Whole Family

In a recent parent/teen workshop, one of the parents expressed the challenge of using wholeness as a framework for the family. A schedule that starts at 7 am with the family heading out the door to school and work and not ending until 7 pm makes it hard to even try to exercise and eat well let alone explore some of the other pieces of wholeness.  Others piped in that they too are pushing schedules that leave everyone exhausted. Weekends were busy catching up on chores, getting kids to soccer matches or other extra-curricular activities.  

Parents were also concerned that their kids be ‘well-rounded’ with lots of activities that will show up on college applications and increase their kid’s chance at success in a world that has become hyper-competitive. The fear and anxiety were palpable, as these concerned parents felt obligated to run a rat-race lifestyle for themselves and their kids even though deep down inside they wanted off the merry-go-round of this hyperactive lifestyle.

I agreed it is a challenge but it is also a choice to become proactive and break out of the reactive patterns in which most of us feel trapped. As we looked at the Wholeness continuum—it is clear that 85% of people live on the 0-5 reactive side. And the parents in this workshop could see they were too. But they also learned there is another option.Putting your pieces together Continue reading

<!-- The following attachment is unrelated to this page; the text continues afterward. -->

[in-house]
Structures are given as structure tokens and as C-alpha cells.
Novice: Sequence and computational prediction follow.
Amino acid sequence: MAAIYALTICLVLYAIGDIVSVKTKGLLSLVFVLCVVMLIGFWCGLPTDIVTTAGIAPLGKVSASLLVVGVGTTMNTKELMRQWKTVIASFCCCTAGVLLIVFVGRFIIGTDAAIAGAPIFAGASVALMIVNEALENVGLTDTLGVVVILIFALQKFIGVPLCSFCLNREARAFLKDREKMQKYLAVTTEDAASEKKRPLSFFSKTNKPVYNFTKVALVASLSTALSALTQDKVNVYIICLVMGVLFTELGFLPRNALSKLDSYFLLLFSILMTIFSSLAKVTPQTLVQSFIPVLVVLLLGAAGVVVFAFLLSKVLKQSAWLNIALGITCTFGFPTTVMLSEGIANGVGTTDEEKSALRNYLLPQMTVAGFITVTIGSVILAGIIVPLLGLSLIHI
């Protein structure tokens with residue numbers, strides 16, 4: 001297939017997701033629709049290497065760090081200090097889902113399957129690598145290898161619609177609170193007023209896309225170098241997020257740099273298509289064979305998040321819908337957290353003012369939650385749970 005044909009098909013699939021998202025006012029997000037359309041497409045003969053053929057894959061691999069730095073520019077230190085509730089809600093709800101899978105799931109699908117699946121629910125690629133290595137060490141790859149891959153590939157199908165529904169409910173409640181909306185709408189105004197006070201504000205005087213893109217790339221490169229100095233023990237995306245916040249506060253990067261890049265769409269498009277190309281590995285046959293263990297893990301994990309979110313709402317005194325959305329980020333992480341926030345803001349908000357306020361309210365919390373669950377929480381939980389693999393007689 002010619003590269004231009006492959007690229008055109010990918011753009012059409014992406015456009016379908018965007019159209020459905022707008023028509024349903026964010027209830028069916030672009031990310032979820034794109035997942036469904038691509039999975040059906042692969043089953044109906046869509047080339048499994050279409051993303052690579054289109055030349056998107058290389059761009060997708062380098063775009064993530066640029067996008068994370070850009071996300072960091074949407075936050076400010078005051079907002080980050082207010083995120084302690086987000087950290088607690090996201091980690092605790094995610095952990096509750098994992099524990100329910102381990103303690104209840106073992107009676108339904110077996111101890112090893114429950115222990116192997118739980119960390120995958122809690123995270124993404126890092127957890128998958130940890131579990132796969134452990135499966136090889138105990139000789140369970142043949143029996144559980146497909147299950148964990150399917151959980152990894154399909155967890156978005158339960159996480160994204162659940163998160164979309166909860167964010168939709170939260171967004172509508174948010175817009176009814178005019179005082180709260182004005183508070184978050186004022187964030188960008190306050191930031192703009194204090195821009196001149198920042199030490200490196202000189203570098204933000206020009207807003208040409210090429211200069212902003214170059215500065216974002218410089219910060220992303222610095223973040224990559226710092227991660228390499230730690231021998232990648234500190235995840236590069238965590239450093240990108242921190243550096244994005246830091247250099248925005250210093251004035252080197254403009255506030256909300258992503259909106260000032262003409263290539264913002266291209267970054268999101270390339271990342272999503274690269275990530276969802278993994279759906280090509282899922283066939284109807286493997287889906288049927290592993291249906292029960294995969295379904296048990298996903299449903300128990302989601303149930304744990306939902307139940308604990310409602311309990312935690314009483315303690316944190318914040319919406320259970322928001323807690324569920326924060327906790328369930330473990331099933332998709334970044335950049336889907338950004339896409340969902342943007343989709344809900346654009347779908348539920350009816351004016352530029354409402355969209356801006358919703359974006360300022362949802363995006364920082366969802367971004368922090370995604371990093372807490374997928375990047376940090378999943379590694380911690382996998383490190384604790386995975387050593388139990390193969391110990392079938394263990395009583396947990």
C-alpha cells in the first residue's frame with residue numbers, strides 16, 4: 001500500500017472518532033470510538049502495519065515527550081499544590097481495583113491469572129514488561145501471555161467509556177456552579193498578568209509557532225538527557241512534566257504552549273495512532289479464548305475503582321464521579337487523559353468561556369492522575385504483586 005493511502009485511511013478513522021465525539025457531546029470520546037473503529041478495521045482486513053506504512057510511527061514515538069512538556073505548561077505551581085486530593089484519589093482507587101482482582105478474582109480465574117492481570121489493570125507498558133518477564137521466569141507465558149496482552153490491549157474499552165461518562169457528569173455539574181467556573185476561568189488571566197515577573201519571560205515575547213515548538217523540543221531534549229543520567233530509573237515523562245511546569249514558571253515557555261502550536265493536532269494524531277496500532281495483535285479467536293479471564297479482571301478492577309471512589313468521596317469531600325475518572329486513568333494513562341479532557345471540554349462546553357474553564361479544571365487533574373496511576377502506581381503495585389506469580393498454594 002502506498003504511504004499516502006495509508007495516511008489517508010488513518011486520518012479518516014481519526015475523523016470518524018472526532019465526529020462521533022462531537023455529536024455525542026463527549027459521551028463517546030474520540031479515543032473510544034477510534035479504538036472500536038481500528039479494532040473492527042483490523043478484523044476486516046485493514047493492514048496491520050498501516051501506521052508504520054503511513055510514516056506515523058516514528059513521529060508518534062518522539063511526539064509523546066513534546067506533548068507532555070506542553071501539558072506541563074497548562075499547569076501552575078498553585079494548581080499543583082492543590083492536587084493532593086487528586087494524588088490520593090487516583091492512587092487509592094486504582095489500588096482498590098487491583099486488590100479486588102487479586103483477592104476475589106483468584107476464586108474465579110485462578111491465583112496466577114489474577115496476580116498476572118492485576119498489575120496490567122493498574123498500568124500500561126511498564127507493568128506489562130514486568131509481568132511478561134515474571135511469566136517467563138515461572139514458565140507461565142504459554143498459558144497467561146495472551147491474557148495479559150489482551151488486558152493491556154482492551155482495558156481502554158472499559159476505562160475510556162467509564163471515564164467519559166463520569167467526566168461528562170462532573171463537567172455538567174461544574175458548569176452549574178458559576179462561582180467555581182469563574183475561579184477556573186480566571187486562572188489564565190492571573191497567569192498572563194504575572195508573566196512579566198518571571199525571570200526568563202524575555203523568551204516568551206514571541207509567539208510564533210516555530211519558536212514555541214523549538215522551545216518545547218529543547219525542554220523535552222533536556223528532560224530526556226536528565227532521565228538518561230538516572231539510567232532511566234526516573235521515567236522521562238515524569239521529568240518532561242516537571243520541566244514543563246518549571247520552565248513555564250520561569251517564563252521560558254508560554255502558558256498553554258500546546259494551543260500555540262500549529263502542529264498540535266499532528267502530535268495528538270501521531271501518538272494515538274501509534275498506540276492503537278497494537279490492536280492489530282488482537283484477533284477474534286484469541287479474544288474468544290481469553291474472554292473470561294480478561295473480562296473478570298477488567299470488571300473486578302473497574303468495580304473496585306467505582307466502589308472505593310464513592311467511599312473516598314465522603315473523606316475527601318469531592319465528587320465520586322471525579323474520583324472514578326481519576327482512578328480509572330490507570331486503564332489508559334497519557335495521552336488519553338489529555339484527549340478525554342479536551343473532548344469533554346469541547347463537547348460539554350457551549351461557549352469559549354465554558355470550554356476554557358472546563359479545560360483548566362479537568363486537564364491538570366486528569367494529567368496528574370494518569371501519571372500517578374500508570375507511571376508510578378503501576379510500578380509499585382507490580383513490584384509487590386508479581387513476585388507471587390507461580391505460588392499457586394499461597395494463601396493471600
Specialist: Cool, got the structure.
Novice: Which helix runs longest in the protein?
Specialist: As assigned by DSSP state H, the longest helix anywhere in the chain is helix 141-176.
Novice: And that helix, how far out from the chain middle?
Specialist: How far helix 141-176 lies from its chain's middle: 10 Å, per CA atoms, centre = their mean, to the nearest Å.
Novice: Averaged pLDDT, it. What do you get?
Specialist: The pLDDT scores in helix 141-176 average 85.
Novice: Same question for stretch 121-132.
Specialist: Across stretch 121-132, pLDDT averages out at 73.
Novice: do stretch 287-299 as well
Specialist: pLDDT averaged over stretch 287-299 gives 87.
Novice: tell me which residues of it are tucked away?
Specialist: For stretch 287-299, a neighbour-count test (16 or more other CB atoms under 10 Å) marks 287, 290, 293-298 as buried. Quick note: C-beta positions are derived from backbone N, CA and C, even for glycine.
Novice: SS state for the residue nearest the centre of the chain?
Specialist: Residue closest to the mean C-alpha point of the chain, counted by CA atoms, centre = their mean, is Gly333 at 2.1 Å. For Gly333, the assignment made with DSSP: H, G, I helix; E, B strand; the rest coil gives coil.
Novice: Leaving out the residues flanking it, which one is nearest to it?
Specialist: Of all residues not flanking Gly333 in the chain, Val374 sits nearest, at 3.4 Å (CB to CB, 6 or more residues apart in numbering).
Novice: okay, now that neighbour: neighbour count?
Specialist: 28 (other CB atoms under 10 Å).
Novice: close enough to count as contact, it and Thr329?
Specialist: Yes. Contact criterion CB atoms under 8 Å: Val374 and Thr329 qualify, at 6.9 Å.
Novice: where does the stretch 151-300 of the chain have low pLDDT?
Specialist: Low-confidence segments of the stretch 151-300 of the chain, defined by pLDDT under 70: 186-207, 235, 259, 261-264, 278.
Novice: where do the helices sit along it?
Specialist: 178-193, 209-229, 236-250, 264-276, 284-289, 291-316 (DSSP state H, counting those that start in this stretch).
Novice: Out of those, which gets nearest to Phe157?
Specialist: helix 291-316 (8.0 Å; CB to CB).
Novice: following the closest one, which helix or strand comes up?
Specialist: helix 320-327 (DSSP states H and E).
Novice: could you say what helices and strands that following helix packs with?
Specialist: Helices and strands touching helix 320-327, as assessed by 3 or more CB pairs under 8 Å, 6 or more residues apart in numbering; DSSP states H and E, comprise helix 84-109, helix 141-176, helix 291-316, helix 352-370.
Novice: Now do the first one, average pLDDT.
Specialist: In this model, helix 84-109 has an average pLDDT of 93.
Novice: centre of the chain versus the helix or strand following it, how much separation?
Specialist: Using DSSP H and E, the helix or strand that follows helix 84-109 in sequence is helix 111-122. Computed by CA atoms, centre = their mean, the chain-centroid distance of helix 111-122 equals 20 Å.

Discipline or Punish…what helps a child learn best?

It has been a tough month for the NFL.  There’s the Ray Rice domestic violence case and now charges against Adrian Peterson for child abuse related to his hitting his four year old child with a switch to the point of leaving significant marks on the child.

All sorts of people have weighed in on this case–some in horror to what was done to this child and others with a shrug as they say “Well, I got hit when I was a kid and I turned out okay”.  This is forcing us to confront a huge reality–that we have used punishment as a regular method of child development for a very long time. Some insist it is a good and necessary tool in a parent’s tool kit and others insist it be removed forever.

But here’s the key issue–if we are going to help our children build healthy, whole and dynamic lives, are we going to use discipline or punishment as the way to do this.  To discipline means “to teach”. To punish means “to hurt”.  Framed in this way–it really asks parents to decide–are you teaching or hurting as your method of helping your child learn how to build their life?  It’s a choice that we all have to make. Continue reading